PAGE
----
You also cofounded “You Offend Me, You Offend My Family” (YOMYOMF) with director Justin Lin (“Better Luck Tomorrow,” “Fast & Furious”). What do you think is the importance of the digital sphere in entertainment, especially for Asian and Asian American creators?

The digital platforms have been an incredibly important entrée into the entertainment industry. How else would Brian Imanuel (a Chinese teenager from Indonesia) get worldwide attention for rapping on his iPhone? With so much media today, it’s hard for people outside the system to gain exposure, but with a distinctive voice, great timing and luck, it’s now possible to break through with platforms like YouTube and Vimeo. This has been important for talent who are outside the box, who don’t look like or sound like what has come before.

The challenge has been for these creators to take the next step and develop a sustainable career. Making a three-minute music video or comedy segment doesn’t mean that you can write a 30-60 minute show, or even recreate that three-minute episode week after week. This is not for lack of talent but rather focus and resources. Digital platforms demand audience engagement, so creators invest tremendous energy and resources marketing and connecting with fans leaving them less time to hone and develop their craft. For creators with the ambition to cross over into longer-form storytelling, this puts them at a disadvantage.

So the digital platforms serve as a new way for fresh voices to get noticed by the mainstream studios?

Yes, and right now we’re in a transition with many mainstream players throwing a lot of money and deals at talent. But, again, the investment of time and resources to actually develop new talent is more limited than ever. This is why it’s critical to identify producers, consultants and advisors to guide and inform emerging talent. If you’re a gifted baseball player, there is a whole system of coaches and training camps dedicated to your development and success. The internet is the Wild West—there’s no formal structure of mentoring or training. Even the most talented newcomer will have difficulty reaching lasting success, no matter how much potential they may have.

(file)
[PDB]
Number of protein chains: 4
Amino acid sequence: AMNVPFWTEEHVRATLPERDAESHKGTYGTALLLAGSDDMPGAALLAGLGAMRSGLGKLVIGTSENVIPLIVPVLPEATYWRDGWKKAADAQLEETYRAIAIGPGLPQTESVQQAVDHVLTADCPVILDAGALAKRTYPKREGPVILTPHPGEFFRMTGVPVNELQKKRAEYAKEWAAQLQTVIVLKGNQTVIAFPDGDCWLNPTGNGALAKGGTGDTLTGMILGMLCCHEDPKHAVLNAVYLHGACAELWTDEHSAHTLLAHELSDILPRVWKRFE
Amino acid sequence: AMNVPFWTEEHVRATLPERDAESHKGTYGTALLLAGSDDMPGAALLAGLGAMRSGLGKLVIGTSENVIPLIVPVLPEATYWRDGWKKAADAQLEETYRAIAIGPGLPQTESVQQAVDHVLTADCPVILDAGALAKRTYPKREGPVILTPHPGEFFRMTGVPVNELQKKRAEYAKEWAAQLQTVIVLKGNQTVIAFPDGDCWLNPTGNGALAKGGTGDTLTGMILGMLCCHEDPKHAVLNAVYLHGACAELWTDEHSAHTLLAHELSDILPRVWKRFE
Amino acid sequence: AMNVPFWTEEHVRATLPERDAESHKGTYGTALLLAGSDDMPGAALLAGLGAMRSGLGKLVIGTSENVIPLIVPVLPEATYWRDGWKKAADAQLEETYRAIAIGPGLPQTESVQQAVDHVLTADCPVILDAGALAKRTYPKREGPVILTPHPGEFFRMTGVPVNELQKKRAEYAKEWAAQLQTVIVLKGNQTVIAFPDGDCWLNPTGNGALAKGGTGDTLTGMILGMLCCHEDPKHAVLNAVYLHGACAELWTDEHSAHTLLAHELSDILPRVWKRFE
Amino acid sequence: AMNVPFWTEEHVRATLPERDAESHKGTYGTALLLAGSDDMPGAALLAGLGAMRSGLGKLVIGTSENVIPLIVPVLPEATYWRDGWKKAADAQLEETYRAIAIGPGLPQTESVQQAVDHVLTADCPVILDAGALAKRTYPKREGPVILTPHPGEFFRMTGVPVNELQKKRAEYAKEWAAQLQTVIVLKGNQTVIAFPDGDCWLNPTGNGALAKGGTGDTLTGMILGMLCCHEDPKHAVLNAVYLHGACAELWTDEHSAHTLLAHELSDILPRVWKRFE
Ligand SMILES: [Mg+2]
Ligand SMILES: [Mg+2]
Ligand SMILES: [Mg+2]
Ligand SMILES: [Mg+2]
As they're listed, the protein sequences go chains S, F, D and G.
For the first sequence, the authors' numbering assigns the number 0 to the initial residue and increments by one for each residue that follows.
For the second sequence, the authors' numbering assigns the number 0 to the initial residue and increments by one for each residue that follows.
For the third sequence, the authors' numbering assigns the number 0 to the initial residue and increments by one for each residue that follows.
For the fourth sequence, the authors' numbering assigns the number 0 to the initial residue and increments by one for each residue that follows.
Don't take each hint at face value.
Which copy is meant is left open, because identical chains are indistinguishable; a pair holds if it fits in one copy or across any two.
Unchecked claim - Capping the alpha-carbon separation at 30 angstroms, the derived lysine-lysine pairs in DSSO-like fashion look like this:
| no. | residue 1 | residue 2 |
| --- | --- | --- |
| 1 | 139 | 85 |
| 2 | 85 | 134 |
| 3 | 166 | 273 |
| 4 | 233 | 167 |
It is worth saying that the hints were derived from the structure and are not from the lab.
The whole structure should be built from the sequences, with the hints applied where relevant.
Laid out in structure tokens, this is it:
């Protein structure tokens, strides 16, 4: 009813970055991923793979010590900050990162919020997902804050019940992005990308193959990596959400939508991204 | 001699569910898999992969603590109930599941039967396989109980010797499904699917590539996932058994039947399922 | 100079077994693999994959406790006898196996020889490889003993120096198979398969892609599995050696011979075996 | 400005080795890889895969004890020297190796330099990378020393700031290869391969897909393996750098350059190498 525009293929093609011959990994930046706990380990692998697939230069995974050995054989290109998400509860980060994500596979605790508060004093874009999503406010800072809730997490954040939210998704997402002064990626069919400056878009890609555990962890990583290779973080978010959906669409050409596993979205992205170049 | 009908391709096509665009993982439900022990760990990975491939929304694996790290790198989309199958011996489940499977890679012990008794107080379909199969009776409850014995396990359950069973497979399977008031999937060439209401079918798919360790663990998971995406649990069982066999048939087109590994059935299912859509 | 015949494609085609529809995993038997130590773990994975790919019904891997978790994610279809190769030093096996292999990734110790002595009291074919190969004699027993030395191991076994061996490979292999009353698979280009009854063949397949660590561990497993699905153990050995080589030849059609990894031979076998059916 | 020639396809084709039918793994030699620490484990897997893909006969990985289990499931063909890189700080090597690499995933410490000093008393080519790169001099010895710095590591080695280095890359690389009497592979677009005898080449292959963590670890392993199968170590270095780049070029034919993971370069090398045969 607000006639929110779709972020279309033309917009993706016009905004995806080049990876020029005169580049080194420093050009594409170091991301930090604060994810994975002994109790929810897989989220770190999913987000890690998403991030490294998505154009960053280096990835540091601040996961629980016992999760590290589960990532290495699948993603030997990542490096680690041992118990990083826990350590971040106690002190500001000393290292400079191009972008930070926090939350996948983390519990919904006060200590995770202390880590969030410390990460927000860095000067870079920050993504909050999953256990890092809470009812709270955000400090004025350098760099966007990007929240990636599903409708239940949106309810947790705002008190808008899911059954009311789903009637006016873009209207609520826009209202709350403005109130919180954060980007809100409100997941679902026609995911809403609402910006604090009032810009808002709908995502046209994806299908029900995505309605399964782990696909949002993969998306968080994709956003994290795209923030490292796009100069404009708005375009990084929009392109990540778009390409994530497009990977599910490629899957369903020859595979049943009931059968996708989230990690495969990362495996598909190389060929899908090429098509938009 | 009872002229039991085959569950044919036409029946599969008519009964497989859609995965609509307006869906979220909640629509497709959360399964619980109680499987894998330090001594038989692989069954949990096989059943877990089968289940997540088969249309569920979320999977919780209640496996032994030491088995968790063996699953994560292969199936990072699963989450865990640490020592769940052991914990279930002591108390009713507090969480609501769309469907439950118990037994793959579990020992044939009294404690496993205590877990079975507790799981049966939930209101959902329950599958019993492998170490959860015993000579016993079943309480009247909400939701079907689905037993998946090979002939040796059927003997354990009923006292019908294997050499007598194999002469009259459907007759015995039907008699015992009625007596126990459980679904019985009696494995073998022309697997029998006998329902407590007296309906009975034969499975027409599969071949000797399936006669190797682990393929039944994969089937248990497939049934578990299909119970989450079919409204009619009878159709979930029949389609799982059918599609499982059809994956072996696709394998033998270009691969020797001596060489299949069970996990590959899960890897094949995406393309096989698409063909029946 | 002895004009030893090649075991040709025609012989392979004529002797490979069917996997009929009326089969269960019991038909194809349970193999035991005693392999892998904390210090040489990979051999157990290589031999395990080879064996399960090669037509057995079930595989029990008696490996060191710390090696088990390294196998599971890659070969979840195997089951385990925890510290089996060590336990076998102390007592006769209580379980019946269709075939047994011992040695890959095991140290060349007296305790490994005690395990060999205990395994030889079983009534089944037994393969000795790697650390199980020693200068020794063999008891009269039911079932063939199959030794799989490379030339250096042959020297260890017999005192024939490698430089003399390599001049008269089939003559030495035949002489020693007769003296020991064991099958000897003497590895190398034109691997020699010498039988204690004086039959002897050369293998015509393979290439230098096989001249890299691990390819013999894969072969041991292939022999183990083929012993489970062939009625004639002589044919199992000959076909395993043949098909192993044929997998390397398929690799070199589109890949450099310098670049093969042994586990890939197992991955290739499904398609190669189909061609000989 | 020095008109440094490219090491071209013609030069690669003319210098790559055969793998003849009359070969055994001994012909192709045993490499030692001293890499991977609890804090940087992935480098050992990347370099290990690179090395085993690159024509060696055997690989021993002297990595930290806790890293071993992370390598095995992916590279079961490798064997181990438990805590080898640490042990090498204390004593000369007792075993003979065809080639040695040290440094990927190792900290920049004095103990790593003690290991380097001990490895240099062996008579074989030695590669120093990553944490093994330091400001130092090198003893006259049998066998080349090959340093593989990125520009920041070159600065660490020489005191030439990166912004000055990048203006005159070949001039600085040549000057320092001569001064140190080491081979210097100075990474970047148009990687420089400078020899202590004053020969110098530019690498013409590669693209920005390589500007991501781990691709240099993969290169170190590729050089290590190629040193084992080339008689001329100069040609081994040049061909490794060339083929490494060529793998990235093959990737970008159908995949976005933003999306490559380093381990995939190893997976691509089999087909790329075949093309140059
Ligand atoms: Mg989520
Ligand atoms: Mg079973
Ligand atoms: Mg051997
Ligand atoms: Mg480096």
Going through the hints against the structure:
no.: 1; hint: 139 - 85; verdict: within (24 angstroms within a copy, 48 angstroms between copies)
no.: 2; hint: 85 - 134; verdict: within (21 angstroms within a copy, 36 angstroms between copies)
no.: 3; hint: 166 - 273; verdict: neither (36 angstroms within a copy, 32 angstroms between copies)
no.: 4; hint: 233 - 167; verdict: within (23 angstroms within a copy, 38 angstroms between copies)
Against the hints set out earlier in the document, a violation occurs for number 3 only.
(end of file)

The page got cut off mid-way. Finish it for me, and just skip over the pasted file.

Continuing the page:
What do you think will be the future for these independent films and artists? Do you think there will be space for these people to gain notice?

It’s become an incredibly crowded marketplace. It’s much harder than it was in the beginning of YOMYOMF, and certainly further back when YouTube first started. It’s no longer just people making content and connecting with fans. Now, there are many more content creators who are well-versed in working and gaming the system—increasing views with click bait or provocative material, all to be the one who “breaks the internet.”

Going forward, it will be more challenging for outside individuals to break in. Even without changes to net neutrality, established streaming companies and major social media sites that have the scale, resources, and reach will drive the market, in terms of content creation and output. The money, appetite and interest for quality content will be even greater than before—the entertainment industry is always searching for the next new, exciting thing. With the speed of technology, the turnaround is even more relentless, so creators are vulnerable to getting lost in the noise, and will need the right support and development to have a career that can endure beyond their “15 minutes” of fame.

How do you think this movement away from smaller films is affecting Hollywood’s relationship with Chinese creators and studios?

With Hollywood turning towards bigger-budgeted, franchise-based IP that needs to play worldwide, and China developing primarily local content, there is a disjunction in how these two markets operate. Only a few years ago, many Chinese companies invested in U.S. content, and U.S. studios would cast Chinese actors in their global films, while investing in local-language films to gain access to the Chinese market. But this is no longer the case.